The polls didn’t look good for this congressional candidate trying to flip the Finger Lakes from red to blue. But somebody check the filter because she’s swimming in green lately, raising $1.5 million in her race to unseat Republican Rep. John Katko. Good news has streamed in since, with an endorsement from former President Barack Obama and top pundits upping her chances of winning.
Who's up and who's down this week?
Who's up and who's down this week?
The Bronx rapper Cardi B landed in legal trouble, while another rapper, Common, made a statement by bailing someone out in Brooklyn. And in the Hudson Valley, congressional candidate Antonio Delgado, formerly the artist known as A.D. the Voice, is taking a hit – fairly or not – for his hip hop past. So this week, here’s who’s got 99 problems – and who’s making it in the Empire State.
Machine politics are alive and well in New York’s Democratic committees. At this week’s fall meeting, which dragged on for nearly six hours, Brooklyn County Committee Chairman Frank Seddio continued to flex his power (and his proxy votes) and kept a strong hold on the committee despite an influx of new, progressive members who sought reforms. Similarly, state Democratic Committee Chairman Geoff Berman successfully quashed resolutions that a progressive caucus tried to put forward in an astoundingly short meeting. Berman and Seddio may be accused of being shams, but certainly not of being weak.
The governor is a winner two times over this week: He kicked off the weekend by winning a year-long fight against federal officials, that resulted in letting him keep many of his “I ♥ NY” highway signs up. The alternative could’ve been a $14 million fine, so there was a lot on the line. Cuomo came back from the weekend to learn that he was well ahead of opponent Marc Molinaro in the polls for his reelection – a 50-28 percent lead, to be exact. And the Working Families Party, it seems, needs him to be a winner just as much as he wants to be, and – reluctantly or not – they’re offering him their line.
It’s a good week for Giovanni da Verrazzano, the 16th century Italian explorer who will finally be properly memorialized thanks to a slight spell-check on the Verrazano – make that Verrazzano – Bridge. Gov. Andrew Cuomo signed legislation on Monday that will officially add the missing second “z” to the spelling of the Verrazzano-Narrows Bridge, which connects Staten Island and Brooklyn, and has no doubt had Giovanni da Verrazzano rolling in his grave since its opening in 1964. At last, da Verrazzano can rest – and so can we, as lawmakers assure use the gradual sign replacement will have no cost to taxpayers.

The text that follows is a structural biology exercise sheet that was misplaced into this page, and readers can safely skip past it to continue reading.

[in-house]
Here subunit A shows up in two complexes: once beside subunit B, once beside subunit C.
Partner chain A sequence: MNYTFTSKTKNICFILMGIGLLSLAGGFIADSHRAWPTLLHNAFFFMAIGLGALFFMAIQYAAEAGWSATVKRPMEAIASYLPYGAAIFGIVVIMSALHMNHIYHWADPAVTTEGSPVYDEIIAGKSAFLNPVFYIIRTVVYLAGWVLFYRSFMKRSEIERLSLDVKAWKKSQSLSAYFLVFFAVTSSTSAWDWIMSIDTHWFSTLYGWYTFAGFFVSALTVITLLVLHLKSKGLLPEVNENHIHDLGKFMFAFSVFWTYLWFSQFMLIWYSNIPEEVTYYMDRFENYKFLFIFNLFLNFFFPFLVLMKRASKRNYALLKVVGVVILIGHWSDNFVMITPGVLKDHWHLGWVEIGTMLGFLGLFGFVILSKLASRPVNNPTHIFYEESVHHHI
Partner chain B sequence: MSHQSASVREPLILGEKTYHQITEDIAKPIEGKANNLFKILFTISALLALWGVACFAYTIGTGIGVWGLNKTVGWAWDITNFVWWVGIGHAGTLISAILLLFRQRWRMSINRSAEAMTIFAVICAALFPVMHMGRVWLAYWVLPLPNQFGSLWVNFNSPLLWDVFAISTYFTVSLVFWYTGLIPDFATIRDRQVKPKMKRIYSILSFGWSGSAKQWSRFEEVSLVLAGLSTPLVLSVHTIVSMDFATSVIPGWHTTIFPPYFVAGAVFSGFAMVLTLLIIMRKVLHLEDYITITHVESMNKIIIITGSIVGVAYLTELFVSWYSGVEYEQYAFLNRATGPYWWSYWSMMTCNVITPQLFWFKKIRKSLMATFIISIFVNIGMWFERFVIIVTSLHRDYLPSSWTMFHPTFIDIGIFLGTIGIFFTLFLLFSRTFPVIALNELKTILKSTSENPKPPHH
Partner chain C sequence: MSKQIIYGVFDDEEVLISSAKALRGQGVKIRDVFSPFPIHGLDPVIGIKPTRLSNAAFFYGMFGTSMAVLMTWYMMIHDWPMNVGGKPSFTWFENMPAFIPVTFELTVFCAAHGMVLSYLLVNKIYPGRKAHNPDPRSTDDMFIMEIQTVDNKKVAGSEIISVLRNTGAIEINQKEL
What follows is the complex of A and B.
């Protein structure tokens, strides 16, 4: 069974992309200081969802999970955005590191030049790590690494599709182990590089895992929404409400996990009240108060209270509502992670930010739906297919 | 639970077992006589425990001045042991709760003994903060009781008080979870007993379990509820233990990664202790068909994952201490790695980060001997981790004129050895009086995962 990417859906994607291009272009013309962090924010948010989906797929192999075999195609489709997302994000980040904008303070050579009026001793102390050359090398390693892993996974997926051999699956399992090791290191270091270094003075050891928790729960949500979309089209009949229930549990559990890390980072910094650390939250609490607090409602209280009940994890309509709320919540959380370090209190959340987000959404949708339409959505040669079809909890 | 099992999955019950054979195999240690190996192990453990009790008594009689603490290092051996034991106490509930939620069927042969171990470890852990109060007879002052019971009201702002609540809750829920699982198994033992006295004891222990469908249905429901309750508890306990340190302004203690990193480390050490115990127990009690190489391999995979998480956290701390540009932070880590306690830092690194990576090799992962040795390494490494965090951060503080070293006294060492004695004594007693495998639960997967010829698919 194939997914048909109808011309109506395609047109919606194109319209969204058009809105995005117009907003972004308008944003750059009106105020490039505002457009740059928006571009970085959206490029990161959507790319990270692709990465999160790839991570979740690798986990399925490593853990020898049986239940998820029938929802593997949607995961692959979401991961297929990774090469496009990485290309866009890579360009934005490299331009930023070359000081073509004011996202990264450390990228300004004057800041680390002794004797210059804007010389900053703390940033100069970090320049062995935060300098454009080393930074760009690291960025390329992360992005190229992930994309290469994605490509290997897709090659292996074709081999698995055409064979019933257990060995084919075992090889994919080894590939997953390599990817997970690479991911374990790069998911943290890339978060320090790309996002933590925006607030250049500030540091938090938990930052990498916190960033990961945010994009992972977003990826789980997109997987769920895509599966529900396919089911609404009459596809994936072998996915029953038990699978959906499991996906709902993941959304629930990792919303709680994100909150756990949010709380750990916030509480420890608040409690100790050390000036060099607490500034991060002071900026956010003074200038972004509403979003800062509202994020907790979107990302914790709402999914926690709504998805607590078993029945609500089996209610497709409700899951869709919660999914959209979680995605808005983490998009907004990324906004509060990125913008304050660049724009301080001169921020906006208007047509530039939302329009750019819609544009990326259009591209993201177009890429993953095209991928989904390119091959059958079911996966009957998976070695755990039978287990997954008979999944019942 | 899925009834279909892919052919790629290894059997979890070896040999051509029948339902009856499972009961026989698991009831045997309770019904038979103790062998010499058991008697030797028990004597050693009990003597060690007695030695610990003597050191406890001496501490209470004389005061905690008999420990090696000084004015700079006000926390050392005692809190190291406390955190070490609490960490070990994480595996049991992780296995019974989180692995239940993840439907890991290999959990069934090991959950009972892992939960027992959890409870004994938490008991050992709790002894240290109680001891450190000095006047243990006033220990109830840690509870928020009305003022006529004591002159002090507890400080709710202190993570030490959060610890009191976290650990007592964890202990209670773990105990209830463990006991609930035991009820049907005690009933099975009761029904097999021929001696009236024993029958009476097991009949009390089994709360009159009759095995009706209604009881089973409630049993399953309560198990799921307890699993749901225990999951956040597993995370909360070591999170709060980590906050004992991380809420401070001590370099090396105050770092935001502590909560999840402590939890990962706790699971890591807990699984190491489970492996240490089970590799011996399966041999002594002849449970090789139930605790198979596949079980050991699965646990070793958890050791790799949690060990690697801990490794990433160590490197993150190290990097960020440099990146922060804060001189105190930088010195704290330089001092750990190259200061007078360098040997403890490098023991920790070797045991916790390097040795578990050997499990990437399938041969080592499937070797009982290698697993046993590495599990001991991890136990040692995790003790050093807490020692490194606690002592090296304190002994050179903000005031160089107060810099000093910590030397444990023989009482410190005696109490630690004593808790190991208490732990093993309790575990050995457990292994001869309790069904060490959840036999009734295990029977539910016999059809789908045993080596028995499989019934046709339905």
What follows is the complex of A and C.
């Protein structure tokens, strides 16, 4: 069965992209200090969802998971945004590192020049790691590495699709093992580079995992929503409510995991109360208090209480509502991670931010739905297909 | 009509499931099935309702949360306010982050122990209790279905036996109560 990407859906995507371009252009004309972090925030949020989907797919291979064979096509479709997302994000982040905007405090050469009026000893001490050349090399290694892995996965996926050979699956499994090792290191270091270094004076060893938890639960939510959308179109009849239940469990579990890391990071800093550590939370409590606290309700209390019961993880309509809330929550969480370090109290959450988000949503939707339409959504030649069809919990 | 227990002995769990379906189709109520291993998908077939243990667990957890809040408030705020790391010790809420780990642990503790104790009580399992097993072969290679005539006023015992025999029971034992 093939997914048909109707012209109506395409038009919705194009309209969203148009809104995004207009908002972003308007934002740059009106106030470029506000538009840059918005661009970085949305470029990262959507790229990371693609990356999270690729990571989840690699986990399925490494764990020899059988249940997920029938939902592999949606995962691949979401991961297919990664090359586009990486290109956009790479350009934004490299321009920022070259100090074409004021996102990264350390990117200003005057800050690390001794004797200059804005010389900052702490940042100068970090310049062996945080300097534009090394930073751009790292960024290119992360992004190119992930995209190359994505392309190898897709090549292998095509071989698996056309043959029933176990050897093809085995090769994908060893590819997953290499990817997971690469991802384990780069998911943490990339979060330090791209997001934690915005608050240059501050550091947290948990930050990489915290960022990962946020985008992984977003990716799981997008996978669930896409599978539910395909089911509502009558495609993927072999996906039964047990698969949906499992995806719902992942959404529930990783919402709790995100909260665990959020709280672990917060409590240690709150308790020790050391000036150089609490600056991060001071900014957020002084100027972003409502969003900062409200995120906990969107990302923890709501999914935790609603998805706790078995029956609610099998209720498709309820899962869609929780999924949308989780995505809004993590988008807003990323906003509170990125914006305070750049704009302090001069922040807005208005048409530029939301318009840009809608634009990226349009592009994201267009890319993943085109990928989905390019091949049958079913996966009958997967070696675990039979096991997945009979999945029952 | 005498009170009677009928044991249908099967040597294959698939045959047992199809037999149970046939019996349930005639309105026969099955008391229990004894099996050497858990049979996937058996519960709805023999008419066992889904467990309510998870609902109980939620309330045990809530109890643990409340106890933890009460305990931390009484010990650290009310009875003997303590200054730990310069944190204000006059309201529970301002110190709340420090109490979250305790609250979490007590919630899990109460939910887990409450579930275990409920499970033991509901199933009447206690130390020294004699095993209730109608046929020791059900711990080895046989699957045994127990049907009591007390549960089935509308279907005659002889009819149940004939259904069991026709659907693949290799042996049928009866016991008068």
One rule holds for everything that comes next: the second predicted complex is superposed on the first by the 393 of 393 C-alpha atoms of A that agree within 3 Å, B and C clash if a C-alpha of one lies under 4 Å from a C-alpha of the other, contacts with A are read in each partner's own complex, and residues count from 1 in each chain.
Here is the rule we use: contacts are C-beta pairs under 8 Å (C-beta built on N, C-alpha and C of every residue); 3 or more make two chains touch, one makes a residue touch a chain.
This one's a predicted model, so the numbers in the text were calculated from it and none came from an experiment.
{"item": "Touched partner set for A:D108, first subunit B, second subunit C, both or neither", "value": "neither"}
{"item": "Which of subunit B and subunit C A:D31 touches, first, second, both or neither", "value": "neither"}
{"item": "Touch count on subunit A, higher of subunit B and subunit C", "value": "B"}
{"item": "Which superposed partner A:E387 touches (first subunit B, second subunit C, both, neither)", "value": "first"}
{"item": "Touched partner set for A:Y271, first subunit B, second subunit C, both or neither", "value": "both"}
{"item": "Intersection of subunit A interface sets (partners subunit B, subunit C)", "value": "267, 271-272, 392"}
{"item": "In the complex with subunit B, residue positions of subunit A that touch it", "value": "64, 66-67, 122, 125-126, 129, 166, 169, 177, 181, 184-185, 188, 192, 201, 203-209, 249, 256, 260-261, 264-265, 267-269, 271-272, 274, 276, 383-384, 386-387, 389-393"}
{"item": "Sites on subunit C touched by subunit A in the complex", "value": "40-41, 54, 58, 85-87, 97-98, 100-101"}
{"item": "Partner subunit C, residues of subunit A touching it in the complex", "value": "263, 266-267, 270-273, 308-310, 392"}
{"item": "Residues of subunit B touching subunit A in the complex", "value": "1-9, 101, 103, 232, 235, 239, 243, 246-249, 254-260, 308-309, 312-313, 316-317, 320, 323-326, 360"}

Experienced in running high-profile campaigns? Check. Skilled in building strong coalitions? Check. A sincere commitment to equity? Check. Voted in recent elections? She’ll get back to you on that. Ayirini Fonseca-Sabune apparently had enough qualifications to get hired as New York City Mayor Bill de Blasio’s chief democracy officer, a $165,000-a-year post aimed at increaseing dismal voter turnout. And so what if she missed a few primaries? Then again, if Hizzoner really wants to boost democracy, maybe he should hire a chief transparency officer, too.
The state senator’s primary loss is even more stunning when one looks his astronomical election spending. The final tally, including his last financial disclosure for the primary election, showed him spending a potentially record setting $207 per vote, or over $3 million in total. Yet all that money was still not enough, and since the election there has been radio silence from Klein on social media and he has not made any public appearances. Perhaps he enrolled in an remedial money management class that has eaten up all his free time.
Three years after being appointed president of SUNY Upstate Medical University, Laraque-Arena announced she would step down at the end of the semester. Her one-page statement didn’t have an explanation, but her abrupt departure does follow the launch of a grand jury investigation by the the Onondaga County District Attorney’s office. It seems Laraque-Arena’s staff didn’t have great things to say about her qualifications, and she allegedly made enough questionable hiring and firing decisions within a one-and-a-half-year span to get the attention of law enforcement officials.
If you heard a gut-wrenching gulp in Lower Manhattan Wednesday night, that was Working Families Party leader Lipton swallowing his pride. “Everyone in this room pretty much hates Cuomo,” said one party member – and there wasn’t a single peep of disagreement. But when it came time to vote, self-preservation won out over purity. Gov. Andrew Cuomo has been offered the party’s line on the November ballot, but he couldn’t resist ratcheting up the indignity, asking the WFP to bow a little bit lower before he decides whether to accept.
The high-flying Democratic operative soared too close to the sun, and this week he finally came crashing to the ground. Despite his previous protests that he “didn’t break the law” and his insistence that he would be “exonerated,” he ultimately dropped his legal fight and pleaded guilty to bribing a state judge. He is now poised to plead guilty to federal conspiracy, wire fraud and bribery charges as well. In the end, it turns out it wasn’t the witch hunt he claimed it was all along.
“I built what I built myself,” Donald Trump said. “I’ve never made a bad deal,” he claimed. “Everything he touches seems to turn to gold,” boasted Trump’s father, Fred Trump. But this week The New York Times exposed the president’s carefully cultivated image as a self-made billionaire as a sham, showing just how much he relied on his dad’s wealth – and brazen schemes to funnel him millions of dollars – to keep the Donald afloat as a businessman. And while he tried to dismiss it as a “boring” hit piece, it certainly caught the attention of New York regulators.